Not that I particulary cared about efficiency when I designed that but it seemed most logical way to do it.

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Telgin    200
For the simple games that I've written, I do basically that (there is a list of GUI objects that I traverse and just brute force check each one). Even with a fair amount of GUI objects in the list, I haven't noticed any slow down, but I probably should profile it some day to see how fast it really is.

A simple method to improve performance would definitely be to group the objects. I did something akin to this in a project and it too seemed to work alright (all subjective of course). Instead of a simple list you could have a heirarchical tree of objects. Buttons would be attached to a window, for instance. When you get a mouse click event, you could trivially cut down on the amount of click checks involved. Each parent window could for instance check if the mouse pointer is inside itself, and if not don't pass the event along to child buttons.

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Maybe you could use a try-throw-catch method in there?

[You can delete your double posts by clicking "edit" and then checking the 'Delete?' box at the top and submitting the form. I've taken the liberty of doing it for you. - Zahlman]

[Edited by - Zahlman on April 30, 2009 9:01:39 PM]

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EJH    315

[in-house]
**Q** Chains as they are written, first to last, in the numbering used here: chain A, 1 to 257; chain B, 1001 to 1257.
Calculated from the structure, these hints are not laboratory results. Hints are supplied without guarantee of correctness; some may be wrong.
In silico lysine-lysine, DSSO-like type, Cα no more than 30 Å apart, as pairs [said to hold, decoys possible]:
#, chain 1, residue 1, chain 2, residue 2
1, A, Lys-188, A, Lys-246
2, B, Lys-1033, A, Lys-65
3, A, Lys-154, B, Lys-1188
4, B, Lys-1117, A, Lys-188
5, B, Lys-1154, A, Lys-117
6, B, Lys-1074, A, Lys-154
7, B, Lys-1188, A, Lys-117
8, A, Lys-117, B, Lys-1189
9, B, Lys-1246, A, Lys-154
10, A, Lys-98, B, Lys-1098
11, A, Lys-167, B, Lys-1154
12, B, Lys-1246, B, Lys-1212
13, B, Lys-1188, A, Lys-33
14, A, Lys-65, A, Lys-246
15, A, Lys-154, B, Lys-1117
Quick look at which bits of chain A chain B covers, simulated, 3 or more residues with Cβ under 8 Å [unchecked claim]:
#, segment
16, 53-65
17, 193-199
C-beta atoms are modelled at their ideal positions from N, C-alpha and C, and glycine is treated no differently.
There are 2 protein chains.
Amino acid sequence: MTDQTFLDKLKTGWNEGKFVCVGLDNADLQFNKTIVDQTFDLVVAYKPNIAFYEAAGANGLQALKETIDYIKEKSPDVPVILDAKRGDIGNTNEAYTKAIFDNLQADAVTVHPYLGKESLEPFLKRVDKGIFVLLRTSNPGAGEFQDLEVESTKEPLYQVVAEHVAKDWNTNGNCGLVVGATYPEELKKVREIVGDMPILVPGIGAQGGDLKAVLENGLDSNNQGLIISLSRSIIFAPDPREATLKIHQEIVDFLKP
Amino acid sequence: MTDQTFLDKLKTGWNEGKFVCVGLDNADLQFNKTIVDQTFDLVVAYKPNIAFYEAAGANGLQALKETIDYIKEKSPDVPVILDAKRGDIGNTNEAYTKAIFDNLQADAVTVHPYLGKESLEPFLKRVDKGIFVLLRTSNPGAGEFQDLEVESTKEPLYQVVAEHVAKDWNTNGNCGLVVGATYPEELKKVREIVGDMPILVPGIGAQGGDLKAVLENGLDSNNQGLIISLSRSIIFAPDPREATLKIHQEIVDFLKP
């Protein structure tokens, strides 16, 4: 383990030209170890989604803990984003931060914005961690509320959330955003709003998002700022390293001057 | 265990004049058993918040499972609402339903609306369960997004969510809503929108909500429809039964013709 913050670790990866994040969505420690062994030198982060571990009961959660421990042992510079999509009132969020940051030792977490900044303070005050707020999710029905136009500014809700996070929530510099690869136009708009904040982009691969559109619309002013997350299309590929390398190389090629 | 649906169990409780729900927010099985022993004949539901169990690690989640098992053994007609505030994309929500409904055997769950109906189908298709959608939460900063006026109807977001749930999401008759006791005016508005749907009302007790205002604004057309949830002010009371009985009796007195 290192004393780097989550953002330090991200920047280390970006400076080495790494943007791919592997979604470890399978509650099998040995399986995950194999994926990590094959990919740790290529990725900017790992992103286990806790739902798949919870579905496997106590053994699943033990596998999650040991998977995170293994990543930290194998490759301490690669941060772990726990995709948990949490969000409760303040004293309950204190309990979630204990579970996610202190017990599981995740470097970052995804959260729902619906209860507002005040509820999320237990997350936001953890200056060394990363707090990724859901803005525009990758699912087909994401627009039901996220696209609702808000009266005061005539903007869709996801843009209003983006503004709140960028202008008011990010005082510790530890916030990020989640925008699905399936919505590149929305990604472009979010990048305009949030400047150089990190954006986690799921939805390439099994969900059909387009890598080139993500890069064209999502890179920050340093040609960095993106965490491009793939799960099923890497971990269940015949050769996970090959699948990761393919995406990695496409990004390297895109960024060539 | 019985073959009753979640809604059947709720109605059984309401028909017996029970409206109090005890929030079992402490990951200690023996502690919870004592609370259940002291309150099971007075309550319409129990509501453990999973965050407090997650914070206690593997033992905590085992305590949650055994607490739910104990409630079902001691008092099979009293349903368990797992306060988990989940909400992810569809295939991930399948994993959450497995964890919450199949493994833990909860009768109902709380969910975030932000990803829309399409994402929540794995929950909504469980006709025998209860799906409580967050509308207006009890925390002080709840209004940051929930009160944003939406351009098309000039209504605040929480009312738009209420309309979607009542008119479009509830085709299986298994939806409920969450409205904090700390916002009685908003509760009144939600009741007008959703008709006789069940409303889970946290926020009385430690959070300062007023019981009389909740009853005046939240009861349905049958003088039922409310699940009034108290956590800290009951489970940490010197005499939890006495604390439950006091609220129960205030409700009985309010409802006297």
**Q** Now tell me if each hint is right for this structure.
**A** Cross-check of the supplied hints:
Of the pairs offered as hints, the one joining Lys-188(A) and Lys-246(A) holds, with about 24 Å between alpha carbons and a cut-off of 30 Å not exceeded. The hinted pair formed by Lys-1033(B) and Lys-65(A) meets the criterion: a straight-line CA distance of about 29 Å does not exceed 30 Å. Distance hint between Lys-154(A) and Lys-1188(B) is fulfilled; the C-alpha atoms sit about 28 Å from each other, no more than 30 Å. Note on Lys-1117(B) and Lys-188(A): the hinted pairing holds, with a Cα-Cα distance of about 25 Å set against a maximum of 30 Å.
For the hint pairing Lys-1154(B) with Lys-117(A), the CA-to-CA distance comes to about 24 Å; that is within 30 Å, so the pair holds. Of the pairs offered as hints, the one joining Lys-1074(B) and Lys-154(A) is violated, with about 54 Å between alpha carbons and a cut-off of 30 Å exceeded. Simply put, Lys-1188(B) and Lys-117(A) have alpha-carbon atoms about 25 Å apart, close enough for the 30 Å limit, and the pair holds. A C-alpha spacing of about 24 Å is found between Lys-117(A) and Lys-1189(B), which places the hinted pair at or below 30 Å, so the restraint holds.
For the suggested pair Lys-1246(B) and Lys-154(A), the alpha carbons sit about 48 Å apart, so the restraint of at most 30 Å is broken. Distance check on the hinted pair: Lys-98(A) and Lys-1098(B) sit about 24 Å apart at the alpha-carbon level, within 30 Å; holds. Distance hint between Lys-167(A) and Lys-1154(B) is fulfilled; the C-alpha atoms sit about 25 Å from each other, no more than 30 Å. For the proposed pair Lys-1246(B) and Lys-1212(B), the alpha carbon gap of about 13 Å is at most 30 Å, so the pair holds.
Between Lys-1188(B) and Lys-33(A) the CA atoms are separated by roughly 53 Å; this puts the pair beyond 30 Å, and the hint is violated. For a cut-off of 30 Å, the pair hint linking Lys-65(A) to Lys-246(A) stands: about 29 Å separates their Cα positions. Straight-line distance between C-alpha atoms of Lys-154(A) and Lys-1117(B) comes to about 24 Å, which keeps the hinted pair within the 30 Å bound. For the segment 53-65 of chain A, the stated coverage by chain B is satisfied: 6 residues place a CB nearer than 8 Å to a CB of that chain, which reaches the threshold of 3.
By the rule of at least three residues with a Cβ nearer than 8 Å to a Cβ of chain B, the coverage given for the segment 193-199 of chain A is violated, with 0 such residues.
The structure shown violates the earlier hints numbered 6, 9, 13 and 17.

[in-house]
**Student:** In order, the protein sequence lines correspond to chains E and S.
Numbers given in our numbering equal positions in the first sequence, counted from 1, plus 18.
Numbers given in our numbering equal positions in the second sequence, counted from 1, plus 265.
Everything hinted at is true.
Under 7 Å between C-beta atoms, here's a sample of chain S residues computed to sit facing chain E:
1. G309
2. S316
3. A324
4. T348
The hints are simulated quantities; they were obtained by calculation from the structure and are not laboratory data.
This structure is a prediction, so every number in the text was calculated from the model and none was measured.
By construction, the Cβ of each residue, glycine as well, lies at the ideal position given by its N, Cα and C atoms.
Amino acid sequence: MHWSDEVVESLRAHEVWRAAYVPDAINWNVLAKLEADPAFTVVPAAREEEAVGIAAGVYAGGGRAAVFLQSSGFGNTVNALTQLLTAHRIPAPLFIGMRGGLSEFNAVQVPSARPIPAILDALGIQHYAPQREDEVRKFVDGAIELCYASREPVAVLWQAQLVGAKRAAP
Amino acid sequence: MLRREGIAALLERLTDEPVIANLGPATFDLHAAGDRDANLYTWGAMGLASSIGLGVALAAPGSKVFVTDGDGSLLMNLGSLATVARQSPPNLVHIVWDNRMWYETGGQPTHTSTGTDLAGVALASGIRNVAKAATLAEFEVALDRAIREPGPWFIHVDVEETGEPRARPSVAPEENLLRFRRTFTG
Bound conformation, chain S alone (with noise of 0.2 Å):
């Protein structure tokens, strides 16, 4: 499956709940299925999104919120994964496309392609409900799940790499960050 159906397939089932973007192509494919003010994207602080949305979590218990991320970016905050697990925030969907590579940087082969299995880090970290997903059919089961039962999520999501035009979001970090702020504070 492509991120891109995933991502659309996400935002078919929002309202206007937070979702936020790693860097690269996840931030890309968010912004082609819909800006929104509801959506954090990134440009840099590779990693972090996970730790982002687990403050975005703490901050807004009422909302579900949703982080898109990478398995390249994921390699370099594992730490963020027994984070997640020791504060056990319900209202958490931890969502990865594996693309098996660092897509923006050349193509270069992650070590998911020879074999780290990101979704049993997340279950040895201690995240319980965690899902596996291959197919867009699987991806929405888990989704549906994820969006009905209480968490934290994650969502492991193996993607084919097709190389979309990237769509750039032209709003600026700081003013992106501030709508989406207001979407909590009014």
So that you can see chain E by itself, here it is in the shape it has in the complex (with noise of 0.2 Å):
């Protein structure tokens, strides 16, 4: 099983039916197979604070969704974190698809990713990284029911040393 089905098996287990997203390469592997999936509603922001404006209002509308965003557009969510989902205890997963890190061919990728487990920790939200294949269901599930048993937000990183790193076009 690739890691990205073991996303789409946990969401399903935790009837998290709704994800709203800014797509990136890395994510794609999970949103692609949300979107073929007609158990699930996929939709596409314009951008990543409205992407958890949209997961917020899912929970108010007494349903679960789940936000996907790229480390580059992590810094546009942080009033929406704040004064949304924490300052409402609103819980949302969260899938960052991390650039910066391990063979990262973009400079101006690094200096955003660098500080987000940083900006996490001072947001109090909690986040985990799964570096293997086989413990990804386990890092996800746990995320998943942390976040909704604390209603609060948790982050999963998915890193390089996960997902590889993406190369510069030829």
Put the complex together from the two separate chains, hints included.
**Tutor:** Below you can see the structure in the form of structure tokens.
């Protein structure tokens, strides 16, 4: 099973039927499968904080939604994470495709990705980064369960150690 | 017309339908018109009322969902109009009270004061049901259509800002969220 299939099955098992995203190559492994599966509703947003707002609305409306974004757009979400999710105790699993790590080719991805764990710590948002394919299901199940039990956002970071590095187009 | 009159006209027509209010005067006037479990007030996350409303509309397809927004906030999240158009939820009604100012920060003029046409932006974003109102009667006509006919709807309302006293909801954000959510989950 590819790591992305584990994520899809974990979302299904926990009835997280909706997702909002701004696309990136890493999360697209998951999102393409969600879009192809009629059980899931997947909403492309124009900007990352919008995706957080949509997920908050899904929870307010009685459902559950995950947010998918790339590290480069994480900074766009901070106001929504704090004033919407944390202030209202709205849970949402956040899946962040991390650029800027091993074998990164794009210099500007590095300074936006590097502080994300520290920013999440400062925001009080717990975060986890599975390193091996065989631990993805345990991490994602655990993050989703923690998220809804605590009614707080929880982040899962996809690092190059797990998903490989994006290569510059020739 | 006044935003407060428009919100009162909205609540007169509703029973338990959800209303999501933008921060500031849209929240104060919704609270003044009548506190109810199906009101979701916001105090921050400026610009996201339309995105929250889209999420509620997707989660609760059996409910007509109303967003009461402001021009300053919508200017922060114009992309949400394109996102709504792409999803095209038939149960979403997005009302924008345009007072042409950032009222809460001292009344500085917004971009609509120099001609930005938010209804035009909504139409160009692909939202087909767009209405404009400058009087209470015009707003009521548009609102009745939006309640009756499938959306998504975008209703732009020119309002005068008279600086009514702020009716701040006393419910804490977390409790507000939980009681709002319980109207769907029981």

Yeah you'd probably need 100+ buttons before simple linear search would start becoming unfeasible. I usually group buttons by screen, so only active screens have their buttons checked.

Also you will probably, if not already, run into the issue where mouse buttons can press GUI buttons, fire a weapon, or pick 3D game objects. You'll need a quick way to know if the mouse is over a GUI button (e.g. so their gun doesn't fire when they press a HUD GUI element).

An easy way to do is just make an easily accessible boolean flag "MouseIsOverUIElement" that is set to false at the beginning of each frame, and set to true whenever a UI element detects that the mouse is over it. That way you don't have to requery every button every time the player fires or picks a 3D object.

Oh and the last thing: you should probably use C++ Vector, not List, because it is much faster for access.

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kingcools    122
maybe you could sort that list, so that the top buttons are in lower positions(or the other way around if you like that), so you could start searching the list at another position, saving some time.

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zedz    291
>>Yeah you'd probably need 100+ buttons before simple linear search would start becoming unfeasible.

100!, Ild guess in the range 10,000->10,000,000 (i.e I have no idea but its certainly far far more than 100) before u notice